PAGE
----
Iraqi refugees in Finland live in fear of deportation
London - Finland has been home to Mustafa, a 38-year-old journalist from Iraq’s Anbar province, for the last 11 months.
Egypt had been his initial destination after landing in Turkey after fleeing the conflict in Iraq. Three months into his stay, however, he received an ultimatum: Return to Turkey or face imprisonment.
Egypt’s three-year temporary residency permit, Mustafa, who spoke on condition his surname not be disclosed, explained, “is attainable if you’re a student or a businessman. I’m neither.”
He journeyed to Finland, believing that his chances of securing permanent residency would be greater than in other European countries.
Usama, 30, arrived in Finland last October harbouring similar hopes. He also did not want his surname disclosed. He and Mustafa were interviewed using WhatsApp.
With a trace of anguish in his voice, Usama explained how sectarian killings tore his home of Diyala apart. “Iraq to me is dead,” Usama said. “I came here to act on the desire of building a better future for my four children and destitute wife.”
The hopes of Mustafa and Usama for permanent resettlement were left hanging by a thin thread following revisions to the Finnish immigration law that led to many rejected asylum seekers being ushered onto chartered flights back home. Finnish authorities cited “improved security” in Iraq as the motive behind the mass deportations.
Iraqis to whom return is not an option did not remain silent. They took to the streets of Helsinki and elsewhere, condemning a decision they assert is built on false pretences.
“Where do I go?” asked Mustafa, whose home in Falluja has been demolished.
Usama says he faces a similar predicament. He said he had been wrongly imprisoned in Iraq for 16 months based on allegations made by a secret informant. After his eventual acquittal, a new threat confronted Usama: the Islamic State (ISIS).
“The threat is not perceived,” says Mustafa, “but illogical thinking prevails in the portrayal of Iraq as safe.”
“For the first year after Daesh overran Falluja, I was able to survive, working as a journalist,” Mustafa said, referring to ISIS by its Arabic acronym. “One day I felt a hand clasp my shoulder. A heavy voice followed: ‘Why are you not attending prayers?’ I was scolded by a member of Daesh’s Hisbe al-Dakhilia [special police force] convinced that I was deliberately avoiding prayer and would only settle the matter in court.”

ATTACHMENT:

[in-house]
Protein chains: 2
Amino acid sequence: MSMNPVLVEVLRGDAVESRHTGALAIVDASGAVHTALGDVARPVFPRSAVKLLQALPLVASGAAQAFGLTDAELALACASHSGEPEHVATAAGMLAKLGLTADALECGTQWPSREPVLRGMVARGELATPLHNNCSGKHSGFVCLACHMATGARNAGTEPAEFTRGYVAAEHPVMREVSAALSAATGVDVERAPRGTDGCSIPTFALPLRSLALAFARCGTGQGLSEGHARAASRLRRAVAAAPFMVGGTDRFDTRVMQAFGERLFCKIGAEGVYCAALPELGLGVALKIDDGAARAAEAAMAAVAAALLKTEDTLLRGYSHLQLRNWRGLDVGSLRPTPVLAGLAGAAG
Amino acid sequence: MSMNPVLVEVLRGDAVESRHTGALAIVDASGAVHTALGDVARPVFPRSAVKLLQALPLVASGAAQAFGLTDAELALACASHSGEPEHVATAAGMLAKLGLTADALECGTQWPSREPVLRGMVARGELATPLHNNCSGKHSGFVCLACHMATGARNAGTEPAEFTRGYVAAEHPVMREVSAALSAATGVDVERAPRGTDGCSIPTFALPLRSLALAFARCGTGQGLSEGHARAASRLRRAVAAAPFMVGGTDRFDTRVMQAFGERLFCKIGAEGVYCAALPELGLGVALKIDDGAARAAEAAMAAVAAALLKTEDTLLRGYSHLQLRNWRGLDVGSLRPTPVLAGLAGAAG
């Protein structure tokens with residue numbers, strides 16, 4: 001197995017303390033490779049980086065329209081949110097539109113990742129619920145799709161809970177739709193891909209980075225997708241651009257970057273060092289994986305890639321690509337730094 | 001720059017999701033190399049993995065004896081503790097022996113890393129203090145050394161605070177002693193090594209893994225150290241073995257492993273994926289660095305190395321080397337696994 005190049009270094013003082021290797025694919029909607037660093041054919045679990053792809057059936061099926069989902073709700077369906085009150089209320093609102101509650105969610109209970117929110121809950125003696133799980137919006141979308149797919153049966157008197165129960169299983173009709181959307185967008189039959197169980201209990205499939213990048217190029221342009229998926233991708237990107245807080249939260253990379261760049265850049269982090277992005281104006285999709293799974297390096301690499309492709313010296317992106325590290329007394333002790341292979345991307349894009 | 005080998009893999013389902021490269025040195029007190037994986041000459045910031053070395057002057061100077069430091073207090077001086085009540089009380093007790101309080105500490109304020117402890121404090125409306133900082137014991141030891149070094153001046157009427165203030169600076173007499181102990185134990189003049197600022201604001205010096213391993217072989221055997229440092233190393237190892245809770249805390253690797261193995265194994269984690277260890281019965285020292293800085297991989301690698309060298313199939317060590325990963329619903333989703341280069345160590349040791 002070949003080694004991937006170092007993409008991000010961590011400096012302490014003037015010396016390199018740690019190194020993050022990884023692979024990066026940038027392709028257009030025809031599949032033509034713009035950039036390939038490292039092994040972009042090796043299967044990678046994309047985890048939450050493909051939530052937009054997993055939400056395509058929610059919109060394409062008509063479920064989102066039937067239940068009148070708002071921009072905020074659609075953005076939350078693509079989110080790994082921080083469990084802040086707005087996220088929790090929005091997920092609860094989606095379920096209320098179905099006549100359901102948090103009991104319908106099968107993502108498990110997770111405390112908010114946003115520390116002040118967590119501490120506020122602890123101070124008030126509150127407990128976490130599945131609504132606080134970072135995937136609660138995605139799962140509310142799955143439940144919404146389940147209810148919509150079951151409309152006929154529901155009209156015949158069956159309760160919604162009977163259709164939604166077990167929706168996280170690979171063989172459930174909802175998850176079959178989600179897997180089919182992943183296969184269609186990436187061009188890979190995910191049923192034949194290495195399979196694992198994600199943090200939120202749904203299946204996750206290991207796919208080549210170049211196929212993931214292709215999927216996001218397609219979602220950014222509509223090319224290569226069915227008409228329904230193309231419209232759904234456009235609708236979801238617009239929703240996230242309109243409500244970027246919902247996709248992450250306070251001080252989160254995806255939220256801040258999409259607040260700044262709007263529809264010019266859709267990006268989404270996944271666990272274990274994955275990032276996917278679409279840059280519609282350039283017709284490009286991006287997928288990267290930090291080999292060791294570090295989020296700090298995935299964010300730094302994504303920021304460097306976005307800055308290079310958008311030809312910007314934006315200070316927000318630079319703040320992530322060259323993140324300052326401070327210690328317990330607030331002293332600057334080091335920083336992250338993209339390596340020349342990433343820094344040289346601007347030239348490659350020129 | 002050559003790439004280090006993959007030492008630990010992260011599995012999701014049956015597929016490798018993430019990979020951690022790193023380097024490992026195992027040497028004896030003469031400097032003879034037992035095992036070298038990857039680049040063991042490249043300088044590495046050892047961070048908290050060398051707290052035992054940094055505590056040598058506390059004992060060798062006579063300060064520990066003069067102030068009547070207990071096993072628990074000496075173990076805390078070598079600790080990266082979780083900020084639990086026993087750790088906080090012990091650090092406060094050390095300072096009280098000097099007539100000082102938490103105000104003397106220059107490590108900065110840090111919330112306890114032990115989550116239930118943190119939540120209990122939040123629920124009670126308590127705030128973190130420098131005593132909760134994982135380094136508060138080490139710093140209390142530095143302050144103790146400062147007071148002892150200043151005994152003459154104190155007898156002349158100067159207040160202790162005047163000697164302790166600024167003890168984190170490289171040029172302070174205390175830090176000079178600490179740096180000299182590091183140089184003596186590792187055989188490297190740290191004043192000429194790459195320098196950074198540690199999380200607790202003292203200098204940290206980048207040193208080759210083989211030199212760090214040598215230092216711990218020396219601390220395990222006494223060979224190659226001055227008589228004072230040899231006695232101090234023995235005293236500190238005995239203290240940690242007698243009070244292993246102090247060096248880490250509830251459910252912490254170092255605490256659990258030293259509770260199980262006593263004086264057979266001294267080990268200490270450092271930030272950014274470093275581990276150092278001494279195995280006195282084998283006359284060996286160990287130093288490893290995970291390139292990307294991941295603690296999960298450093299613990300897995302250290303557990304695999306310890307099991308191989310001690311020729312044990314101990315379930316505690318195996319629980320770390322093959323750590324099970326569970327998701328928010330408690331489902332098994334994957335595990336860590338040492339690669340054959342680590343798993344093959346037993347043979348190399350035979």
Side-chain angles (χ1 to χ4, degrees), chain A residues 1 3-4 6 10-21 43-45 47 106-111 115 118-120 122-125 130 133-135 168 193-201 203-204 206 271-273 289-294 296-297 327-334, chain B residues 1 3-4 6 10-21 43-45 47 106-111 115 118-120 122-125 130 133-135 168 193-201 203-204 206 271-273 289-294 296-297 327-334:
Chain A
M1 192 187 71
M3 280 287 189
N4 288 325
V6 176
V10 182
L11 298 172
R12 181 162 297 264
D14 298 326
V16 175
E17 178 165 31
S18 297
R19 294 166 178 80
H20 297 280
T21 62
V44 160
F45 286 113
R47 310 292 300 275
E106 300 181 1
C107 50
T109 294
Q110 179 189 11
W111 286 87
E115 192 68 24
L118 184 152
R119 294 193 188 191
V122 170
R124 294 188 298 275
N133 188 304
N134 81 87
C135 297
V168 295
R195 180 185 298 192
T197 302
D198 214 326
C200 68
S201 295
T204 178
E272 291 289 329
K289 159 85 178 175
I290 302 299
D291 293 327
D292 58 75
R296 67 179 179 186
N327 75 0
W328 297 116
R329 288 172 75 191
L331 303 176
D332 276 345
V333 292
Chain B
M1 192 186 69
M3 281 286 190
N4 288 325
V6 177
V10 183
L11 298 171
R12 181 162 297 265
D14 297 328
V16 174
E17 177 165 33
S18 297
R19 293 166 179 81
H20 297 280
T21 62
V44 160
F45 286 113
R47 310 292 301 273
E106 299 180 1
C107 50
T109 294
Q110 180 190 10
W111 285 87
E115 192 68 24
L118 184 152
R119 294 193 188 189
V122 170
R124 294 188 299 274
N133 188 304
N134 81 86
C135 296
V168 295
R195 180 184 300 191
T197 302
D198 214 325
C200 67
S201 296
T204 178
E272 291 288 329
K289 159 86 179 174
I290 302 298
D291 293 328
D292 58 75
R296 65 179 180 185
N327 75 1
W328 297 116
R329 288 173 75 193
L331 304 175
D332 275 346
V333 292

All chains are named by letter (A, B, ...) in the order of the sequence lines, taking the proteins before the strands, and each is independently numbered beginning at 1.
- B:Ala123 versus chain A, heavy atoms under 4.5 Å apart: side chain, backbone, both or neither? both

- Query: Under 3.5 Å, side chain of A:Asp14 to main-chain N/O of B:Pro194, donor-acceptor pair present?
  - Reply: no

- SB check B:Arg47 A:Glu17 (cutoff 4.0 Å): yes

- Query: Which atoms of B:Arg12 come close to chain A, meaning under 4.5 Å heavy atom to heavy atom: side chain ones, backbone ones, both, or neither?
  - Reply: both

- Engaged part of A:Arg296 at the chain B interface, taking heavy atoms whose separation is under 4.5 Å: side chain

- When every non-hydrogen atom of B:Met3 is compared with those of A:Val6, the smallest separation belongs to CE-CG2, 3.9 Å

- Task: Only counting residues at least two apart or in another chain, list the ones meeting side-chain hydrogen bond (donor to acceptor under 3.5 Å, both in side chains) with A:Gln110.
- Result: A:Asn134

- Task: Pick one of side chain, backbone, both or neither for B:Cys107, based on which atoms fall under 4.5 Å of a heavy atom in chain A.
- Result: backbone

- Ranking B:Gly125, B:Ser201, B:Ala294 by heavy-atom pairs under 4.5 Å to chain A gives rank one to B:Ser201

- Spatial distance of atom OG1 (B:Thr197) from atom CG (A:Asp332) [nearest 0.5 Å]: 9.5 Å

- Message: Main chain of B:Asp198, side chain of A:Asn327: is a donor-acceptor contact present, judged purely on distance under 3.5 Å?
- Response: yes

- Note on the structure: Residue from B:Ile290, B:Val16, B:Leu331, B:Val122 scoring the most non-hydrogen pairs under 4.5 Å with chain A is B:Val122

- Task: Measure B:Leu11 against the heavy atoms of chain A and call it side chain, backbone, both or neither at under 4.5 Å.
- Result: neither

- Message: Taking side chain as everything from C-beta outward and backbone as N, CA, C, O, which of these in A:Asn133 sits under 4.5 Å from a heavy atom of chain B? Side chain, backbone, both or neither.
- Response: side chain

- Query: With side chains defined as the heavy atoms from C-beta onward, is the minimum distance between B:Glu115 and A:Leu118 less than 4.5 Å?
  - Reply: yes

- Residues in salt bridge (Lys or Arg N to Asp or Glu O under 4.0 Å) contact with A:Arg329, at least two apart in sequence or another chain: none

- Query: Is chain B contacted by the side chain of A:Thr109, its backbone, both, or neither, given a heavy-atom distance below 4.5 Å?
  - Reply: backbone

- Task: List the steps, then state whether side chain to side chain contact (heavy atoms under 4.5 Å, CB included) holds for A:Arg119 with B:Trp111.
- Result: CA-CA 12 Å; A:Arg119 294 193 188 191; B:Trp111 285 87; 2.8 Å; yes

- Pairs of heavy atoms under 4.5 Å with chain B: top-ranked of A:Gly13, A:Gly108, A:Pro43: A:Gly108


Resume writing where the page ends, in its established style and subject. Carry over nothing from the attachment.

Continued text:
As Baghdad and the northern Iraqi provinces closed their doors to displaced civilians, Mustafa embarked on a perilous journey. After travelling for 16 days through eight countries and a brief stint in a Hungarian prison, he reached Finland.
Not long after settling there, Mustafa detected something offbeat in stories told by other Iraqis. Many claimed that battles against ISIS in Falluja, Anbar, Ramadi and Tikrit had rendered them homeless.
“The majority were able to produce adequate documentation in support of their tales. While there was truth to what they were saying, their dialects exposed their lies,” Mustafa said. He said many of these people were from southern Iraq and were not in danger but had “left voluntarily, exploiting an opportune moment”.
“Many fabricated refugee stories are not scrutinised,” Usama echoed. “Meanwhile, the fate of us, with evidence to substantiate well-founded fears of persecution, is marked by prolonged uncertainty.”
Both men underlined the difficulties in distinguishing the “honest” from the “deceitful”.
“We all heard about the thousands who cancelled their application to return home — either because of false hopes, bad weather or family duties,” Mustafa said, cautioning that “the reality is far more convoluted”.
Further impediments to the men’s hopes to remain in Finland, which had been fairly hospitable for the most part, they say, came after the arrest of several Iraqi men on charges of war crimes.
Iraqi twin brothers were taken into custody in Finland last year for alleged involvement in the June 2014 Camp Speicher massacre in which nearly 1,600 Iraqi Air Force cadets were killed by ISIS. Also, two former Iraqi Shia militiamen were arrested in March in Finland after photographs of them posing with decapitated heads surfaced online.
Out of the 3,679 refugees who have applied for asylum in Finland in 2016, 815 are Iraqi. Finnish magazine YLE reported that 85% of the 32,500 applications for asylum in the country had been approved. However, in June and July, only one-in-six applications was accepted.
Mustafa and Usama, who have been sharing an apartment provided by the Ministry of Economic Affairs with seven other Iraqis in Kemijärvi, said they feel increasingly threatened by accelerated deportations. They want to remain in a country that has been providing them each with a $314 monthly allowance and hope that their families, who are confined to a life of deprivation scattered across refugee camps, can join them.
A glimmer of hope still exists as Iraqi Ambassador to Finland Matheel al-Sabti appealed to Finland to allow Iraqi asylum seekers to stay in the northern European country “at least some time longer”, the Finland Times reported.
Sabti confirmed that “Iraq does not accept enforced and involuntary reparations of Iraqis to Iraq… There are no refugee camps for these people to go to if they have no work or family.”